TI Group

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TI Group
Public
IndustryEngineering
FateAcquired
SuccessorSmiths Group
Founded1919
Defunct2000
HeadquartersAbingdon, Oxfordshire, United Kingdom
Key people
Lord Plowden (Chairman)

TI Group plc (formerly Tube Investments) was a holding company for specialised engineering companies. It was based in Abingdon, Oxfordshire. It was registered as Tube Investments in 1919, combining the seamless steel tube businesses of Tubes Ltd, New Credenda Tube (later known as Creda), Simplex and Accles & Pollock.[1] Reynolds Tube joined the group in 1928.

Tube Investments was listed on the London Stock Exchange, and was a constituent of the FTSE 100 Index. It was acquired by Smiths Industries in the end of 2000.

History[edit]

The company was registered as Tube Investments in 1919, combining the seamless steel tube businesses of Tubes Ltd, New Credenda Tube (later known as Creda), Simplex and Accles & Pollock.[1] Reynolds Tube joined the group in 1928.

Ivan Stedeford joined the company in 1928. He became chief executive in 1935, and chairman in 1944. In 1946, the company bought Swallow Coachbuilding Co. (1935) Ltd. and Hercules Cycles. The British Cycle Corporation subsidiary was formed in 1956, and consisted of Armstrong, Norman Cycles, Sun Cycles, Phillips Cycles and Hercules Cycles (no connection with the German Hercules company).[2]

TI subsidiary Swallow Coachbuilding Co. constructed the Swallow Doretti sports car in 1954 and 1955.[3] The 'Aluminium War' from 1958 to 1959 was a fierce and successful battle to acquire British Aluminium.[4]

Raleigh Industries were acquired in 1960, bringing the Raleigh owned brands BSA Cycles, Humber, Triumph, Rudge, New Hudson, Sunbeam Three Spires and J. B. Brooks.[5] The company bought kettle manufacturers Russell Hobbs in 1963, and Sir Ivan Stedeford retired as chairman and chief executive officer and became life president.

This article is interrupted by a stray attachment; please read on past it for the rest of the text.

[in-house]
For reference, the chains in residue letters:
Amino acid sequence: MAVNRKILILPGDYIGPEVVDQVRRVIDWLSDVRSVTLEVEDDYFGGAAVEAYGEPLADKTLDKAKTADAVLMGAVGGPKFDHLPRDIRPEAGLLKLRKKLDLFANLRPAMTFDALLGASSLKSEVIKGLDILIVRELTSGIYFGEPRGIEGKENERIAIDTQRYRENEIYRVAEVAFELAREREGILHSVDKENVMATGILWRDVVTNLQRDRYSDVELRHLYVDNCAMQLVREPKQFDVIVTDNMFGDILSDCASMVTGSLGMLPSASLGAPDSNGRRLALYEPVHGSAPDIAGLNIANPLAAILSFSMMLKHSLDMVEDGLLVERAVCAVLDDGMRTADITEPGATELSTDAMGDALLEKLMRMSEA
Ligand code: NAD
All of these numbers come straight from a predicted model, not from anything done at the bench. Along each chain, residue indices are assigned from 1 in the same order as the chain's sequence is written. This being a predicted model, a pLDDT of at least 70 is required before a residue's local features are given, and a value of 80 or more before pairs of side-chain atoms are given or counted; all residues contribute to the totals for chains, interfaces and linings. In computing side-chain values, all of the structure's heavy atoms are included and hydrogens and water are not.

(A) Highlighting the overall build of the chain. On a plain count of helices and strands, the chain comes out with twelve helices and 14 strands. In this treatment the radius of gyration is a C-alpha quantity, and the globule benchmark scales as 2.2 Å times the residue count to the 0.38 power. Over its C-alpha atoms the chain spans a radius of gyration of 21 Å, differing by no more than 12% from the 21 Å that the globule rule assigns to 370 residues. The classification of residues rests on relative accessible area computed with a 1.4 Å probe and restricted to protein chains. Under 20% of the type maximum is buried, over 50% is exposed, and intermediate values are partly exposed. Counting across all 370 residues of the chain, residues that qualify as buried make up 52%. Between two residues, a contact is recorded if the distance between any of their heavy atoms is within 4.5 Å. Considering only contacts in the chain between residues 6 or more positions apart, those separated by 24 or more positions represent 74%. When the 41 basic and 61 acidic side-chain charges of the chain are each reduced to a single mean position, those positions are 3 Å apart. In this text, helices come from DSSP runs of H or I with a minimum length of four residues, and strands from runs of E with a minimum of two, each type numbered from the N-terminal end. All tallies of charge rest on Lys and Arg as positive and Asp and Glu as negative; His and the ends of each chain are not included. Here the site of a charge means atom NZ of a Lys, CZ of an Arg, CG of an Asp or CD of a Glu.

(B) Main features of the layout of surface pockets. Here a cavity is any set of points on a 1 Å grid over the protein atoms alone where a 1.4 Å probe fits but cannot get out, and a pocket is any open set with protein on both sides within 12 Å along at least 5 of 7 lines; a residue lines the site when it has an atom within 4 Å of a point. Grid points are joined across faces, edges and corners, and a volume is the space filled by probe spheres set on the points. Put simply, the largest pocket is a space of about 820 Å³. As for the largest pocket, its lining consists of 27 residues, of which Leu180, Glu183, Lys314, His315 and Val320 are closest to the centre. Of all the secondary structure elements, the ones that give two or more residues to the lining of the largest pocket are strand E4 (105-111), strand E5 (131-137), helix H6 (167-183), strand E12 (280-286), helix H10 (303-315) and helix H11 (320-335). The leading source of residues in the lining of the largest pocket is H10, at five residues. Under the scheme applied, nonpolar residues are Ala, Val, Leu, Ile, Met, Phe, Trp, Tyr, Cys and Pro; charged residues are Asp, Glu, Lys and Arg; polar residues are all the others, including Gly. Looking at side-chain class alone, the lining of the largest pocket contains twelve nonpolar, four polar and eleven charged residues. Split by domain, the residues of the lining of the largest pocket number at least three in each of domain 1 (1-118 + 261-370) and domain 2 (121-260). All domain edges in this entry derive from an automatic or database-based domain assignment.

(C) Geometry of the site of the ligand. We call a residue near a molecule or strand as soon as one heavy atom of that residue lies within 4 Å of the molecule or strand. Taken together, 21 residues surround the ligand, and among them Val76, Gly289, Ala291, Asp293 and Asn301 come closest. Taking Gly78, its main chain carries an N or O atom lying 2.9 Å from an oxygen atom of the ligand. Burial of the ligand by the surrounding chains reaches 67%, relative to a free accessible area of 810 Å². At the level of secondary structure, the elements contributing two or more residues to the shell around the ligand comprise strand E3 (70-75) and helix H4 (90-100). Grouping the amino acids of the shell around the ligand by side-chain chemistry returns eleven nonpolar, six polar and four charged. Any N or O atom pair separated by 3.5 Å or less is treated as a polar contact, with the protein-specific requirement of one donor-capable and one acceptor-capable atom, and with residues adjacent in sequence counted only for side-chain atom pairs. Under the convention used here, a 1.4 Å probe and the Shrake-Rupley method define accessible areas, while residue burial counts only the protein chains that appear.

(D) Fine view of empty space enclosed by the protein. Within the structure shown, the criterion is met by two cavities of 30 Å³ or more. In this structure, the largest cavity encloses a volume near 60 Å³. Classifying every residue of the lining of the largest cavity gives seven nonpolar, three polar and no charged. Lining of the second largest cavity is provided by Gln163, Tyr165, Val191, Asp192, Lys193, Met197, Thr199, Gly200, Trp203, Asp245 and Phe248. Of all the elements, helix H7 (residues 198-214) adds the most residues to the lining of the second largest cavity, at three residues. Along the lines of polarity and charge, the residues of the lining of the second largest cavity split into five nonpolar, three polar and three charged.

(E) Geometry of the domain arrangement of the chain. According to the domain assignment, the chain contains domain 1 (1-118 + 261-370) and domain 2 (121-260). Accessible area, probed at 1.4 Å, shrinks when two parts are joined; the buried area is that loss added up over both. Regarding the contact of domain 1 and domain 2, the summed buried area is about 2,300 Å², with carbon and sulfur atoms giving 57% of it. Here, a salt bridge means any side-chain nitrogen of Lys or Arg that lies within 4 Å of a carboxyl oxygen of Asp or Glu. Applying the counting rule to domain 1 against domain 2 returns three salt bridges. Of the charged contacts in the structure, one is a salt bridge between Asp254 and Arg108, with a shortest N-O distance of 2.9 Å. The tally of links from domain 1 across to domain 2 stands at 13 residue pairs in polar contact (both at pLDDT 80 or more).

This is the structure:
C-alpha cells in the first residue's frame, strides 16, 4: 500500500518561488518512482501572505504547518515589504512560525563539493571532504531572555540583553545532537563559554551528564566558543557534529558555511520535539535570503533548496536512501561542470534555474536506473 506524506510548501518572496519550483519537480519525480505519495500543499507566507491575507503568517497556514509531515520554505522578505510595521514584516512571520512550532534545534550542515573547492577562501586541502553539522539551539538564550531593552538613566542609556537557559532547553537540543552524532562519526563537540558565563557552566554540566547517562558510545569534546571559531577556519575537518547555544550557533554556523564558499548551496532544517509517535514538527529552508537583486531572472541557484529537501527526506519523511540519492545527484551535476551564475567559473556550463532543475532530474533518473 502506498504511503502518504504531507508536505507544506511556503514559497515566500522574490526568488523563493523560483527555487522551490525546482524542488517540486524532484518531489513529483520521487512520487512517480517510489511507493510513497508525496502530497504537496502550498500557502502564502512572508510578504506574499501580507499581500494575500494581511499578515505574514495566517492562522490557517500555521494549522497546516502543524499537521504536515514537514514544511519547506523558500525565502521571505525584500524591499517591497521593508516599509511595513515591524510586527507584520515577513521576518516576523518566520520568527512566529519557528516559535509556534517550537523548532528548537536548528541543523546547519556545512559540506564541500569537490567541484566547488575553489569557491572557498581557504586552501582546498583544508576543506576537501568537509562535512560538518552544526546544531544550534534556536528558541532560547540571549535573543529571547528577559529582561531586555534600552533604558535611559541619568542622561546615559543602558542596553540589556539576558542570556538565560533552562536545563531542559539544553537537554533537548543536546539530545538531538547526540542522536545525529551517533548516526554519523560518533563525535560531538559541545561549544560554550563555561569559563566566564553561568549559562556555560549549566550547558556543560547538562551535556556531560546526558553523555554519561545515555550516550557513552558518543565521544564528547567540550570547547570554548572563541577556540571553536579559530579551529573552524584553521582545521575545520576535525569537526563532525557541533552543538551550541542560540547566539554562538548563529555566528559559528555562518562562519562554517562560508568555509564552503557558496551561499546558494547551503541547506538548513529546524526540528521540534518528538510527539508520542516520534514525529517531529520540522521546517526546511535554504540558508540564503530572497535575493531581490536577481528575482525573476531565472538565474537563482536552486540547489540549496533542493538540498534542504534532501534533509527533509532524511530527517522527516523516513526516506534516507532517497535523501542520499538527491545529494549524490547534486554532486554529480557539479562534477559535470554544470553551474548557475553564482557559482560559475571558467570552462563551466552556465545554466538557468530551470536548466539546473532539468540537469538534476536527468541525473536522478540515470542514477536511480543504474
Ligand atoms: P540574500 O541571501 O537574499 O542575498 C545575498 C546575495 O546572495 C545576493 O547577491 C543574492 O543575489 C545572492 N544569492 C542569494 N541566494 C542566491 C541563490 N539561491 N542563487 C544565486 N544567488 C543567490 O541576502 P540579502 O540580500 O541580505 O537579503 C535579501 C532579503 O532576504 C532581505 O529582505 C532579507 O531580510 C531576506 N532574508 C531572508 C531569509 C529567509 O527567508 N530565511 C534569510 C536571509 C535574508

The group bought Alfred Herbert Ltd in 1982.[6] In 1986, Tube Investments acquired Houdaille, parent of John Crane and other industrial companies from Kohlberg Kravis Roberts; the non Crane divisions were sold back to KKR as IDEX.[7] Tube Investments acquired Armco Inc.'s European Tubing business – Fulton (UK) and Bundy Corporation (USA) in 1987; Raleigh was sold that year to Derby International[8] and Creda to GEC.[9]

TI Group bought Huron Products Industries (USA) in 1991,[10] and Dowty Group in 1992,[11] while Accles & Pollock was sold to Hay Hall Group in 1996.[1] Over the next few years, the Group acquired Technoflow Tube Systems (Germany), Bundy Asia Pacific, S&H Fabricating and Engineering (USA), Kenmore Italiana (Italy), Walbro Corporation (USA), and Marwal (France).[10]

On 4 December 2000, Smiths Industries merged with TI Group.[12] Smiths (thereafter renamed Smiths Group) divested TI Automotive shortly after the merger was completed.[13]

Operations[edit]

The three major divisions were:

The group also owned TI Creda, a manufacturer of domestic cookers, and owned TI Chesterfield Cylinders, a manufacturer of pressurised gas cylinders for companies such as BOC and Air Products: the business was sold and the factory moved from Chesterfield to Sheffield.[15]

References[edit]

  1. ^ a b c "Accles & Pollock: About us". Archived from the original on 18 August 2007. Retrieved 27 August 2007.
  2. ^ Hercules
  3. ^ Swallow Doretti
  4. ^ Obituary: Lord Plowden
  5. ^ Raleigh: History
  6. ^ Paragraph 879, House of Commons Debates Hansard, 25 July 1983
  7. ^ Holland, Max (2002). From Industry to Alchemy: Burgmaster, a Machine Tool Company. Beard Books. ISBN 978-1-58798-153-1.
  8. ^ Raleigh bicycle history
  9. ^ GEC buys Creda business from TI Group, CBR On-Line
  10. ^ a b "TI Automotive: Heritage". Archived from the original on 13 July 2011. Retrieved 3 October 2010.
  11. ^ British engineering merger moves forward
  12. ^ "Engineering rivals to merge". BBC News. 18 September 2000. Retrieved 25 September 2006.
  13. ^ TI Group plans to sell off auto suppliers
  14. ^ "TI Group plc - Company History". fundinguniverse.com. 1997. Retrieved 26 September 2006.
  15. ^ "MBO in 2004 from German successor to TI Chesterfield Cylinders". Archived from the original on 20 November 2008. Retrieved 3 October 2010.

External links[edit]